Capacity of Cathode/Anode

Theoretical capacity of the material is calculated when it transfers one gram of ions. Ionic transfer of Lithium is measured in lithium batteries as so for their counterparts like Na, K  or Mg.

Lithium is said to be having theoretical capacity or specific capacity of 3842 mAh/g. This value sounds exciting as well as controversy since for this much energy the whole lithium has to move, but in principle only a part of lithium which placed at anode side moves. So how is it calculated and for other materials.
In general, theoretical capacity of a material is given by: 
C=nF (Coulomb)
where n is the number of electron transferred and F is the Faraday constant. This value has to be divided by molecular weight (MW) of the material for the theoretical specific capacity
 Csp=nF/MW (Coulomb/g)
Since 1 Coulomb = 1Amp-Sec = 1000 mA * h/3600
Csp=  1000/3600. nF / MW (mAh/g)

One Li+ ion is equivalent to one electron transfer, same is for the case of Na and potassium ion but for Mg it is two electrons

Note: Theoretical Csp doesn't depend on either operating voltage or current

 Online calculator for theoretical Capacity

From Galvanostatic Technique
Battery Capacity Determination is done in galvanostatic mode with a constant current and a defined voltage limits, generally the battery cycler gives the final value.

It can be calculated from constant current or galvanostatic technique as
Capacity =i (mA) . t (h). 1/m ΔV

For Discharge/Charge capacity i= Charge/Discharge current and t= time for charging/discharge respectively, while m is the mass of the active material and ΔV is the potential window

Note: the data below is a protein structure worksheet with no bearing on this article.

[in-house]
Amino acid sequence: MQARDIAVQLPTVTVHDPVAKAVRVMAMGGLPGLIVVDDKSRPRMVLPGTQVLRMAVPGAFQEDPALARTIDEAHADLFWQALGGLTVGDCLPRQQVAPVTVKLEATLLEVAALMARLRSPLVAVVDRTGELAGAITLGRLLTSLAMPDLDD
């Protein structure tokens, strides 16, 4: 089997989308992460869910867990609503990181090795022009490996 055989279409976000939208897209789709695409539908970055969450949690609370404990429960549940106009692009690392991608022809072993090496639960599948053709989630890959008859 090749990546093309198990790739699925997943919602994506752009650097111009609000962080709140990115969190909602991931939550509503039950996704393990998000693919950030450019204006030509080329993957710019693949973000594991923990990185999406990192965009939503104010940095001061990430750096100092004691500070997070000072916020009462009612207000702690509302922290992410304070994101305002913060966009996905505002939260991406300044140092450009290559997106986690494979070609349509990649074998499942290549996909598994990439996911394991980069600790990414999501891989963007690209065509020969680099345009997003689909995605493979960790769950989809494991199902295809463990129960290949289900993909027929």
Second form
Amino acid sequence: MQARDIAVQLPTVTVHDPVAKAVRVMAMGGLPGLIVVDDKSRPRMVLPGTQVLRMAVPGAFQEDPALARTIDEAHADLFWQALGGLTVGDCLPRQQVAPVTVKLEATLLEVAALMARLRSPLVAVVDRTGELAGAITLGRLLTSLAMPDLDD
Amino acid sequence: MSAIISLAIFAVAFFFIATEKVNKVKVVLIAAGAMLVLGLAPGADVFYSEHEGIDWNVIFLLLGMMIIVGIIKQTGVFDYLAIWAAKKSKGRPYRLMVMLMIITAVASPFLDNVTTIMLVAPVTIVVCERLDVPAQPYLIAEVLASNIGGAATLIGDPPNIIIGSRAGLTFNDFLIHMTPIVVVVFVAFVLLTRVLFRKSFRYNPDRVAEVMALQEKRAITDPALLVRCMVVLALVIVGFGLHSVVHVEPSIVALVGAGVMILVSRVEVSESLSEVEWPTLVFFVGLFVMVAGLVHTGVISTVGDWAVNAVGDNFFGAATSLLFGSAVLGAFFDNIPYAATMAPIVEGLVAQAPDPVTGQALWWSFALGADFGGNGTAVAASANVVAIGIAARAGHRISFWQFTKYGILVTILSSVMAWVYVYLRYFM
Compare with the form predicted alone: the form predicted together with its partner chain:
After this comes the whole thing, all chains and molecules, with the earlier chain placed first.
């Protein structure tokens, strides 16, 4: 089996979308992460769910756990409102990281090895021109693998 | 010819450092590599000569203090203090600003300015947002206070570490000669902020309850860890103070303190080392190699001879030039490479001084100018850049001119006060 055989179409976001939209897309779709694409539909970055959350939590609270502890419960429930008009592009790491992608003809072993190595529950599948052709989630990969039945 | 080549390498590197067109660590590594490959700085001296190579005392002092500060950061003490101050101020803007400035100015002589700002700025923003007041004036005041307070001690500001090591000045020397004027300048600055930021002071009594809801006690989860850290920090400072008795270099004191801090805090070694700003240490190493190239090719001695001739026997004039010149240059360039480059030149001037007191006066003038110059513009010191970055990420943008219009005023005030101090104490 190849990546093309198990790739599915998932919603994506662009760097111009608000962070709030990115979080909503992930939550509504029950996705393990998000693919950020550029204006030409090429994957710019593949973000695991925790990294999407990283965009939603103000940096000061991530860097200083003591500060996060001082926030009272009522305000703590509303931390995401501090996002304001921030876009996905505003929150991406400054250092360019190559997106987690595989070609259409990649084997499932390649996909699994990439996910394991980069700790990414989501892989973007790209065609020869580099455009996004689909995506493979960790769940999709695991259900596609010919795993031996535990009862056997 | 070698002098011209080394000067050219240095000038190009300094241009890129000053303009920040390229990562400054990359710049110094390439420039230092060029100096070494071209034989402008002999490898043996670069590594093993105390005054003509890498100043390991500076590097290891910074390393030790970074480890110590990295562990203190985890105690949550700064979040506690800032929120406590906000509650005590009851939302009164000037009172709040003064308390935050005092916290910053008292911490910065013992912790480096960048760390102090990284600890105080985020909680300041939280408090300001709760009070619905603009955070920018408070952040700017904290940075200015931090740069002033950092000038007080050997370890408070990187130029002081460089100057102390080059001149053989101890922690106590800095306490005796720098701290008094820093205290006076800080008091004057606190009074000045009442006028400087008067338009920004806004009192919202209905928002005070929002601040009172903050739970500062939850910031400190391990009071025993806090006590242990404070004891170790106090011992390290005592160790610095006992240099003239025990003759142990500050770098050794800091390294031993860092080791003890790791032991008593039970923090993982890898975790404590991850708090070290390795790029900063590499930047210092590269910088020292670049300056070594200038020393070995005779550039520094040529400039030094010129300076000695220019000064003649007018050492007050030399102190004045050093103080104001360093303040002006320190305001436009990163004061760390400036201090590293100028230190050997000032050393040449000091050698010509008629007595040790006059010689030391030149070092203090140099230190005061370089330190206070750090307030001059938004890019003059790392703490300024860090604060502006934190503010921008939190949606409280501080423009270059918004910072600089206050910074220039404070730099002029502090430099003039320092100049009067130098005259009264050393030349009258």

Note: The capacity is always high for slow charging rate and decreases with increase in charging current due to insufficient intercalation, while most of the result is due to polarization of the battery

For variable current the the capacity can be calculated by integrating current with respect to time or it is equal to the are under the curve of i vs t.
Capacity = i(t)dt . 1/m ΔV

From CV Curve
When cyclic voltammetry (CV) done at slow rate provides information about thermodynamics of redox processes and kinetics on reactions occurred on battery electrodes and electrode-electrolyte interface.  CV provides information on redox processes, heterogeneous electron transfer reactions and adsorption processes. It offers a rapid location of redox potentials of the electroactive species.

From a CV vurve
Capacity = i(v)dv . 1/2m𝜇 ΔV
 where 𝜇 is the scan rate(mV/s), graphically the value of i(v)dv is equal to the area under CV curve, m is the mass of active material (g) and ΔV is the potential window

Specific Energy Density
It is equal to the product of the maximum capacity to the nominal capacity. Nominal capacity is generally given by the industry, when we don't have this value then we can take the potential of the battery when it is discharged to 50% of its maximum capacity (i.e, mid-point potential)
For a cell
Specific Energy Density= nominal voltage (V) x capacity rating(Ah) /cell weight(kg)      (Wh/kg)

Note: In scientific literature, generally the specific capacity or energy density is calculated for the electrode, i.e., only the weight of the active material is considered for reporting. In reality other materials, electrodes and other components are involved in making of  cell but they are not presented since their focus is only the active material. On the other side, the industries report values considering the weight of the cathode material used in the cell, well don't imagine that all of the material will be participating in oxidation/reduction.Thus the measured capacity will be definitely less than that of capacity printed on the cell.